- DuckDuckGo is a privacy-focused competitor to Google Search that doesn’t collect or share your search history or clicks.
- I switched to DuckDuckGo for one week, and learned to appreciate some aspects like fewer advertisements, comparable search results, and an easy-to-navigate settings page.
- I did miss Google’s layout — especially the “Top Stories” thumbnails that appear at the top of the search results page— and I often wondered if I was actually getting the best possible results with DuckDuckGo.
- Ultimately, I didn’t find the privacy features of DuckDuckGo compelling enough to permanently make the switch from Google.
Back in the day, there were options when it came to search.
Choosing between AOL, Yahoo, or Alta Vista kind of just depended on your mood that day. And then came Google, and a clear search engine king was crowned.
The ubiquity of Google search today is astounding. In September, Google powered over 86% of desktop searches worldwide, according to Statista.
However, with personal privacy becoming more of a concern — especially the Google+ fiasco that led the company to shut down its less-than-beloved social network — perhaps search is headed for a shakeup.
If any privacy-focused search engine is going to rival Google Search, it might be DuckDuckGo. With 800 million daily direct queries as of this September (up 33% from last year), the search engine named after the children’s game appears to be gaining some real traction. In fact, it’s a profitable business.
Beyond not tracking my every move (DuckDuckGo doesn’t collect or share your search history or clicks), there were some other aspects I learned to appreciate like less advertisements, comparable search results and an easy-to-navigate settings page that allowed me to freely switch between themes.
I tested DuckDuckGo for one week, completely locking myself out of Google search to see if I could survive on this more privacy-focused alternative.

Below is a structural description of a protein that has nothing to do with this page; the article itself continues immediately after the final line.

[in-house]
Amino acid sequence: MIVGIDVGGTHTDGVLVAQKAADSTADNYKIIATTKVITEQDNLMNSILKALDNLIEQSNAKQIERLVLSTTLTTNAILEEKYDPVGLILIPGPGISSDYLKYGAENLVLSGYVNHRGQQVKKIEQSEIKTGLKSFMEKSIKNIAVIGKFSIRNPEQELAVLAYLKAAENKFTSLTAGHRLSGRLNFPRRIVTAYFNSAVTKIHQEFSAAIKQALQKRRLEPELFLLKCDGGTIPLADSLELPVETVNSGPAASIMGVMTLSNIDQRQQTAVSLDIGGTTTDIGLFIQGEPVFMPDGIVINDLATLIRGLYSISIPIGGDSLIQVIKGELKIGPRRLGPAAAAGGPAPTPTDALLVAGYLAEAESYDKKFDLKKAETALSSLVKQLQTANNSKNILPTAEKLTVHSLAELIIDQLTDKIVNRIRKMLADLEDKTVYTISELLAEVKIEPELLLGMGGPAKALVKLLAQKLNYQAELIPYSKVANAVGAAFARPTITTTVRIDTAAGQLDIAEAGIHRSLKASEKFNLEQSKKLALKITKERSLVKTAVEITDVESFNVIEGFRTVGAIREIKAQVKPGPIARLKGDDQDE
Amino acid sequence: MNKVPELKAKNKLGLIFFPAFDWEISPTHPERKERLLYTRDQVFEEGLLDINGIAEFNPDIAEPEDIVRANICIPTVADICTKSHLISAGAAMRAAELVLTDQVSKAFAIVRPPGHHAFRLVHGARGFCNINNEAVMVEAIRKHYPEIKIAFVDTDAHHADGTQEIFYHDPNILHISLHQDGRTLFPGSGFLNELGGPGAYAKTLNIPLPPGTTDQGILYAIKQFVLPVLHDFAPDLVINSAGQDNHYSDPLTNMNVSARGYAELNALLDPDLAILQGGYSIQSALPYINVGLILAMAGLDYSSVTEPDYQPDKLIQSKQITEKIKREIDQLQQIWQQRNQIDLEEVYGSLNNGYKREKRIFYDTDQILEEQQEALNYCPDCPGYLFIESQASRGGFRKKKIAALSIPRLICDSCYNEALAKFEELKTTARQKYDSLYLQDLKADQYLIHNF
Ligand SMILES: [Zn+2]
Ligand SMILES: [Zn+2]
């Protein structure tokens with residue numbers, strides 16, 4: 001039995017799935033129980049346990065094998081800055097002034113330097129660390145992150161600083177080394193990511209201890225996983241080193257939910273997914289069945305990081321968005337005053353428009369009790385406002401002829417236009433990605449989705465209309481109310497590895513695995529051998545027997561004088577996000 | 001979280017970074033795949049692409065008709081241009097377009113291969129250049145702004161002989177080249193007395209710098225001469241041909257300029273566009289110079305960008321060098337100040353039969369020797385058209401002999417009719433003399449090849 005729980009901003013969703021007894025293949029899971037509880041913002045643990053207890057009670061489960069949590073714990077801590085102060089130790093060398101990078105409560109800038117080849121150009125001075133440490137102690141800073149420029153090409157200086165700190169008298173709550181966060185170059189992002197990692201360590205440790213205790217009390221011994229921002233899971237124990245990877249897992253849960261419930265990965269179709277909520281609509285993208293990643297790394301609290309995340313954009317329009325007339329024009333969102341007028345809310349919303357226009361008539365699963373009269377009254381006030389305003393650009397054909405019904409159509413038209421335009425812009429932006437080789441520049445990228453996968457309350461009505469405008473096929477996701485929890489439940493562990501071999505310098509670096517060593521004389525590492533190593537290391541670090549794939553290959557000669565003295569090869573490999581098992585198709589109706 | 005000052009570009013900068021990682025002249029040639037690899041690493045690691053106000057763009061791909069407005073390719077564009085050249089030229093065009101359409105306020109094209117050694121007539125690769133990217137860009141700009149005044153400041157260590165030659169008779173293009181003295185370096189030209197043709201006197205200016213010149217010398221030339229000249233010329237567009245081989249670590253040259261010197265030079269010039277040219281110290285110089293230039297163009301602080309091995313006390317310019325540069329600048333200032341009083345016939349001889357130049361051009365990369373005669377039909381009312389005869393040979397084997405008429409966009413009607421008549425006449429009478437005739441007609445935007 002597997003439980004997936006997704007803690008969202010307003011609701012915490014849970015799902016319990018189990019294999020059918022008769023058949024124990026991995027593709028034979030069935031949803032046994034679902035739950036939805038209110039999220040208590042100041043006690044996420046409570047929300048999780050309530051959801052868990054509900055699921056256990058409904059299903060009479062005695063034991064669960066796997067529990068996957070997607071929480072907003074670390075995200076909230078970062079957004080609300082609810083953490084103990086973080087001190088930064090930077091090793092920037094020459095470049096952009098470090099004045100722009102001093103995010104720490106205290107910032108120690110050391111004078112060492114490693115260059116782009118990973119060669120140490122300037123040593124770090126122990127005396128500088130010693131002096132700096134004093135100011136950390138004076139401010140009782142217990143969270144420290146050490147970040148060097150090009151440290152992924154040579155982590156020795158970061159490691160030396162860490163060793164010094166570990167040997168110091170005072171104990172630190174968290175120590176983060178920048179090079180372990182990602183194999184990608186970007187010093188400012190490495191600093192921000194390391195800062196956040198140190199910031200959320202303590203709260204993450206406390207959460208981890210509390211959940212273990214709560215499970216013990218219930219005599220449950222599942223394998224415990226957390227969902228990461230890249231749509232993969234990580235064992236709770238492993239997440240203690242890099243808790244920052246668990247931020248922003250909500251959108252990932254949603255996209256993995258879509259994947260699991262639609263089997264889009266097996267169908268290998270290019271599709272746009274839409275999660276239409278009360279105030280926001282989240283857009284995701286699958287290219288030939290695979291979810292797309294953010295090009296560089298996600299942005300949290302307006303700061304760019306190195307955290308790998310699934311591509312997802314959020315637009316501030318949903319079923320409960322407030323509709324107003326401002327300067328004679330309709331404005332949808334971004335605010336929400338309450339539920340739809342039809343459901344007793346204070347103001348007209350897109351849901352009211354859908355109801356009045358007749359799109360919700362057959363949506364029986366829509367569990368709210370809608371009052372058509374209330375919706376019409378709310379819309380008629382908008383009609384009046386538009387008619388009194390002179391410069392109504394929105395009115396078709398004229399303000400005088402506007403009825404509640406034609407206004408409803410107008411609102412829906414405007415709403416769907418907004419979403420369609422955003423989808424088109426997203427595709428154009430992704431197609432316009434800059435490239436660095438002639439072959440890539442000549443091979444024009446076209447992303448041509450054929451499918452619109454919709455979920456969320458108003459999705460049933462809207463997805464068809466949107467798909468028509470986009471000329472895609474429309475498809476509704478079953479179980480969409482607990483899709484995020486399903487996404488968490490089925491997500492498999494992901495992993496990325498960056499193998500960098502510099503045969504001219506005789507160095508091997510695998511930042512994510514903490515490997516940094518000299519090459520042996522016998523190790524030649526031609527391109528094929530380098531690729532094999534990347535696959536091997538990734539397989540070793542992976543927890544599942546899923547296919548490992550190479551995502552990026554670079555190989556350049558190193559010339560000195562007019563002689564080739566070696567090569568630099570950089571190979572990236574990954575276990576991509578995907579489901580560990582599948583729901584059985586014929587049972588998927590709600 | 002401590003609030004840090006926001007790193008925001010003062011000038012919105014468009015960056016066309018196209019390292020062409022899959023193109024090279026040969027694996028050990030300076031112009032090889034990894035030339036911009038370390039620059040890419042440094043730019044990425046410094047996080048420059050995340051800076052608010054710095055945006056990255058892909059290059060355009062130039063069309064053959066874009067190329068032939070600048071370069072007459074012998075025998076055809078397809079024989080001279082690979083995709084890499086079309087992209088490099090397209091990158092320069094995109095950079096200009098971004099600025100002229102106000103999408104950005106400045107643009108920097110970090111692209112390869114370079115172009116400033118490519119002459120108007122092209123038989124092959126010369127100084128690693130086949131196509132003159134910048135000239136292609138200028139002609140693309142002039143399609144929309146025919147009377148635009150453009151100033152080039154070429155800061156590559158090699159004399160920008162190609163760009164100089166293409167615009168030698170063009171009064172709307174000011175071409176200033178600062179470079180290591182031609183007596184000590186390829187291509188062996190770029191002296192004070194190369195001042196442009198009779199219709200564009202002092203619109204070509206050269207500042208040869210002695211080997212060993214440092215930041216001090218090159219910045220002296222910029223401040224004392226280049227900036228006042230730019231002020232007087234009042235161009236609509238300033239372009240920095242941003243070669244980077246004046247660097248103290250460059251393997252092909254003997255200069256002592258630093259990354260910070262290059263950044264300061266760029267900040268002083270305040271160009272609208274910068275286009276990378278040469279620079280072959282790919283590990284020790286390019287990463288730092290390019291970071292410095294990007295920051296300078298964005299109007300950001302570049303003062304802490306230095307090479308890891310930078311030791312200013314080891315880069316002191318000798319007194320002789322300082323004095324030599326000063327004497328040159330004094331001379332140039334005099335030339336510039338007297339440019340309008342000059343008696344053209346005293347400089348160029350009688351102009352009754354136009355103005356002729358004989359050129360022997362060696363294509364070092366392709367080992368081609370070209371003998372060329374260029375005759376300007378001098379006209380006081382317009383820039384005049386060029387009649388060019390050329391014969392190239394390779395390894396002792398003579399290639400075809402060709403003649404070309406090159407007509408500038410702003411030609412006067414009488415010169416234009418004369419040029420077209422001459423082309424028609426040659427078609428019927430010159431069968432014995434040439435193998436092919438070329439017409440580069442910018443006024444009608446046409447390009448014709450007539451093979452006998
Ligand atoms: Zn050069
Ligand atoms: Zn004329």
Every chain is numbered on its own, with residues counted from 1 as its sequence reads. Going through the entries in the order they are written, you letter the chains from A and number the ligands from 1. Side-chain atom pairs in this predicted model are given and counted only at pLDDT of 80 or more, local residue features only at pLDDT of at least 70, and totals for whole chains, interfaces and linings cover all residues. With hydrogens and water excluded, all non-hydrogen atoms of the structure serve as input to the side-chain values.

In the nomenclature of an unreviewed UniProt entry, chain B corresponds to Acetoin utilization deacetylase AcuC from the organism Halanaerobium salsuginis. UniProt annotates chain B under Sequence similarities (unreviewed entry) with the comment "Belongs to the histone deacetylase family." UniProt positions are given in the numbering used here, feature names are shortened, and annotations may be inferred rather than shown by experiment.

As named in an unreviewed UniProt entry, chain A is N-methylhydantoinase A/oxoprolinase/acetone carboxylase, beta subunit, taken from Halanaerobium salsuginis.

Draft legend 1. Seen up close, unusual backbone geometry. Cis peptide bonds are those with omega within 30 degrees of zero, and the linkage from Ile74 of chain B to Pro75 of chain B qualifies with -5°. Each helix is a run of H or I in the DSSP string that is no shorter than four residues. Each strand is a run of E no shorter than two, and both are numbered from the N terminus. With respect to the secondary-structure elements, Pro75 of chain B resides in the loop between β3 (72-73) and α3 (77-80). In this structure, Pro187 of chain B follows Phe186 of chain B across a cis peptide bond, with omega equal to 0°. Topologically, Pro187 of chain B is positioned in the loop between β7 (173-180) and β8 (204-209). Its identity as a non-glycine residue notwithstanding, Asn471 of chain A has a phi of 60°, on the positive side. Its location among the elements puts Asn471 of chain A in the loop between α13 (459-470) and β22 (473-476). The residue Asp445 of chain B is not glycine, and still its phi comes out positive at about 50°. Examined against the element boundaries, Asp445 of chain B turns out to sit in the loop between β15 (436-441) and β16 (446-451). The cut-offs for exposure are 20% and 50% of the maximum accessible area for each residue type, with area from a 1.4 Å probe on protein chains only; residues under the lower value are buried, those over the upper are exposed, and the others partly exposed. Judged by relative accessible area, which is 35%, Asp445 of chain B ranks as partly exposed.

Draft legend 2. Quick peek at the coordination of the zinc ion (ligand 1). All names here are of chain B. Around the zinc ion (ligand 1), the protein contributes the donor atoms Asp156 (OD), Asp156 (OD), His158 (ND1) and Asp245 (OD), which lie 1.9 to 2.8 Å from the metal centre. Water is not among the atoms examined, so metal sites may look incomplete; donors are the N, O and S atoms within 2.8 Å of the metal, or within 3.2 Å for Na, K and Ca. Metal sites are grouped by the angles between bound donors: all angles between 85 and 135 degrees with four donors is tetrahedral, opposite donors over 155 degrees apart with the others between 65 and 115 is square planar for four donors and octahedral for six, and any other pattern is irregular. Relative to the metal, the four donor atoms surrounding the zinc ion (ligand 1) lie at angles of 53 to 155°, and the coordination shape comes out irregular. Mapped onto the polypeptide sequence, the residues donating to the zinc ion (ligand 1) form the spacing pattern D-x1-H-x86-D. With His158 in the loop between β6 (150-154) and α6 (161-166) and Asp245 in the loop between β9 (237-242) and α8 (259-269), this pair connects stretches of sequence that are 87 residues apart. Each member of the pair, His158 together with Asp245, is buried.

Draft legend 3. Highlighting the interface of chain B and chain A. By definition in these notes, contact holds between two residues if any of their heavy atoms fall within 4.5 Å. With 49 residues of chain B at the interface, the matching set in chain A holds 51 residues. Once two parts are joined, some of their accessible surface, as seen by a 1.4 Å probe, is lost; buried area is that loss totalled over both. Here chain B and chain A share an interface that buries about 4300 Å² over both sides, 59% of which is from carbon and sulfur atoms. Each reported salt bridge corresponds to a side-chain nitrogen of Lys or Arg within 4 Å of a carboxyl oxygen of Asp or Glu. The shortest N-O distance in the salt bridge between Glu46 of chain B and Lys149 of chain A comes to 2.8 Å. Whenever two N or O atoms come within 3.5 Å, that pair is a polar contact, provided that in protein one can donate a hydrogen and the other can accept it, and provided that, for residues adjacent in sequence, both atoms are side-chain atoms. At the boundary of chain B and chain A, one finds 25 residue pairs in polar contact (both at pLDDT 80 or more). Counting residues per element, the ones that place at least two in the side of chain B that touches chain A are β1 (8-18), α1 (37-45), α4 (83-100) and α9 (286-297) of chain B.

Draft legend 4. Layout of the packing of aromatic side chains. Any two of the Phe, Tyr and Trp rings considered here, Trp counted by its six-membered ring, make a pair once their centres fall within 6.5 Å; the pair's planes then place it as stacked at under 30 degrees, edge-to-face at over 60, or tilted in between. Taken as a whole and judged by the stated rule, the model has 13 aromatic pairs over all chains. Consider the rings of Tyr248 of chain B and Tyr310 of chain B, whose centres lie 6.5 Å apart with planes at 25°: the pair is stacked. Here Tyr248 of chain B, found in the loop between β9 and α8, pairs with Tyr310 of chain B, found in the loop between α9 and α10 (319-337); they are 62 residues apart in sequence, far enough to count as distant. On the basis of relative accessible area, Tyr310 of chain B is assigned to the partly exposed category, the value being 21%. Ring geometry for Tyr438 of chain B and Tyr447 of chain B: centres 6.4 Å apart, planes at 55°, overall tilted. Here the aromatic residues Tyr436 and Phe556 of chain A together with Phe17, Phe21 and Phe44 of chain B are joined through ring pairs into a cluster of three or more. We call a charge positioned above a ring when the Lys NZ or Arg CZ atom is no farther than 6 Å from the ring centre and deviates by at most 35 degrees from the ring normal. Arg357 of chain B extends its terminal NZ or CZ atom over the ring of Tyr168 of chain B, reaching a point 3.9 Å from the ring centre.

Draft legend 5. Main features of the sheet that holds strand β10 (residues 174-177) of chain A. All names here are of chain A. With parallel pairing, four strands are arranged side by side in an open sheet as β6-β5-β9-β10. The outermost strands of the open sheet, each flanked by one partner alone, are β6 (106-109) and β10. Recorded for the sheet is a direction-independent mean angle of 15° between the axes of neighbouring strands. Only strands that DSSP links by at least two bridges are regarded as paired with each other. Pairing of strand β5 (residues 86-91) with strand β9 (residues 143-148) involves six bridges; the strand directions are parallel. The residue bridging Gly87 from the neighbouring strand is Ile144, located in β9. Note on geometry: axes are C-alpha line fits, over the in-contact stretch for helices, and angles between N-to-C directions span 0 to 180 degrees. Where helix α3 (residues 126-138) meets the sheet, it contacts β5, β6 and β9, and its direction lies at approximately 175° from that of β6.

Here’s what I found.
Privacy is the main selling point for DuckDuckGo. The Google search alternative doesn’t track your search history, the time or location of your search, or your Internet address — a stark contrast
However, I didn’t feel the privacy features at work a ton in my day-to-day usage of the product. Typically, privacy isn’t an issue until it’s an issue; it’s not something you care about when you’re just trying to find information and get stuff done.
One cool privacy feature was the ability to see the number of ad trackers blocked on each website I visited. On the TheRinger.com, for instance, DuckDuckGo was able to block 13 trackers for me.
After checking out this feature a couple of times, though, I forgot it was there and wasn’t thinking about how many trackers were being blocked for every website I visited.
There were fewer ads on DuckDuckGo, providing a cleaner (and less creepy) experience. Fewer ads also made the platform feel more secure. Although when searching for ad-bait terms like “cheap flights,” DuckDuckGo still returns a number of ads as top search results. Hey, they have to make money somehow.
As TechJunkie reports, though, having “true” privacy online is almost impossible. Even though search engines like DuckDuckGo help keep things private on your computer, your Internet Service Provider (ISP) can still access your search history.
If complete privacy is of utmost importance to your browsing on the web, TechJunkie suggests the Tor browser.